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Monday, February 04, 2013

Paul Krugman: Friends of Fraud

Will Senate Republicans be able to kill, or at least defang, the Consumer Financial Protection Bureau?:

Friends of Fraud, by Paul Krugman, Commentary, NY Times: Like many advocates of financial reform, I was a bit disappointed in the bill that finally emerged. Dodd-Frank gave regulators the power to rein in many financial excesses; but ... the financial industry’s wealth and influence can all too easily turn those who are supposed to serve as watchdogs into lap dogs instead.
There was, however, one piece of the reform that was a shining example of how to do it right: the creation of a Consumer Financial Protection Bureau... And sure enough, Senate Republicans are going all out in an attempt to kill that bureau. ...
Now, you might be tempted to say that while we need protection against financial fraud, there’s no need to create another bureaucracy. Why not leave it up to the regulators we already have? The answer is that existing regulatory agencies are basically concerned with bolstering the banks; as a practical, cultural matter they will always put consumer protection on the back burner...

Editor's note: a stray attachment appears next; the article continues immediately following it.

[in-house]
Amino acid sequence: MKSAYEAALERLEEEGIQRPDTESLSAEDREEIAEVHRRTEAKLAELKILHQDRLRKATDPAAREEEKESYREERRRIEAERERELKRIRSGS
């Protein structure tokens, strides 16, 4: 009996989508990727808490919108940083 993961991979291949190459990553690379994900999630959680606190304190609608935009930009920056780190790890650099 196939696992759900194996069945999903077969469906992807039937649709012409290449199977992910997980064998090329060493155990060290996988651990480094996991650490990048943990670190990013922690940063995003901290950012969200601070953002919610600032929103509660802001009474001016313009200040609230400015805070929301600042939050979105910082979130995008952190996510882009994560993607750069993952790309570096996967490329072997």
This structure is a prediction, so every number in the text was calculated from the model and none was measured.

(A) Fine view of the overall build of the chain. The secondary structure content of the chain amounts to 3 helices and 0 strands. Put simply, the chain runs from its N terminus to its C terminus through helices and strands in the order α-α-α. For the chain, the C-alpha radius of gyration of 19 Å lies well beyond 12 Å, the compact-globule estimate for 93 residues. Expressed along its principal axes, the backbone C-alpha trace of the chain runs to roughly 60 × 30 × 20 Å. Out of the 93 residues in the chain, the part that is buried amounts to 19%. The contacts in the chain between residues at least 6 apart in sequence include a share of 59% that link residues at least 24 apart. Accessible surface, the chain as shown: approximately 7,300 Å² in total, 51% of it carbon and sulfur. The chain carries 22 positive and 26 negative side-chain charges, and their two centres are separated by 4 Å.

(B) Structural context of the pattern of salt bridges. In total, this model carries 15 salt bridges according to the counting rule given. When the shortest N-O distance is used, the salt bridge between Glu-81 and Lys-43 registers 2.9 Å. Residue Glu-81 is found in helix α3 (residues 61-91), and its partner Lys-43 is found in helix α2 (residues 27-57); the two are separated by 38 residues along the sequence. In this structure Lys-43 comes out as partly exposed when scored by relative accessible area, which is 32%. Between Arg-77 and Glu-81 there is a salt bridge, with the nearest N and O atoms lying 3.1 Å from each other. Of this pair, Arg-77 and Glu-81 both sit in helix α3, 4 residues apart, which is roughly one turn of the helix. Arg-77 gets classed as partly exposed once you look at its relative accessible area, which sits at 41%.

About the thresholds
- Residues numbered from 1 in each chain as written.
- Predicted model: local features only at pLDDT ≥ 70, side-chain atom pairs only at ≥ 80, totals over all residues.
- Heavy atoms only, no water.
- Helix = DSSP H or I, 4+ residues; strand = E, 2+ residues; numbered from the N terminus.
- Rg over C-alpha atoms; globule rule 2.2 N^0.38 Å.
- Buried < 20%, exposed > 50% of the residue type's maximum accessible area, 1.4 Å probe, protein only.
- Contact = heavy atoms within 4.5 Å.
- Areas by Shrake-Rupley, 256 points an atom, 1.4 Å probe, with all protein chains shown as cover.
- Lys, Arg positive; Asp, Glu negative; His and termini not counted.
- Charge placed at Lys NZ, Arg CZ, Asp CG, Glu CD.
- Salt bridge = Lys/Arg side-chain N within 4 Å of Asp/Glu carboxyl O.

So the consumer protection bureau serves a vital function. But as I said, Senate Republicans are trying to kill it. ...
What Republicans are demanding, basically, is that the protection bureau lose its independence. They want its actions subjected to a veto by other, bank-centered financial regulators, ensuring that consumers will once again be neglected, and they also want to take away its guaranteed funding, opening it to interest-group pressure. These changes would make the agency more or less worthless — but that, of course, is the point. ...
And as always, you should follow the money. Historically, the financial sector has given a lot of money to both parties, with only a modest Republican lean. In the last election, however, it went all in for Republicans, giving them more than twice as much as it gave to Democrats (and favoring Mitt Romney over the president almost three to one). All this money wasn’t enough to buy an election — but it was, arguably, enough to buy a major political party.
Right now, all the media focus is on the obvious hot issues — immigration, guns, the sequester, and so on. But let’s try not to let this one fall through the cracks: just four years after runaway bankers brought the world economy to its knees, Senate Republicans are using every means at their disposal, violating all the usual norms of politics in the process, in an attempt to give the bankers a chance to do it all over again.

    Posted by on Monday, February 4, 2013 at 12:24 AM in Economics, Financial System, Politics, Regulation | Permalink  Comments (16)

          


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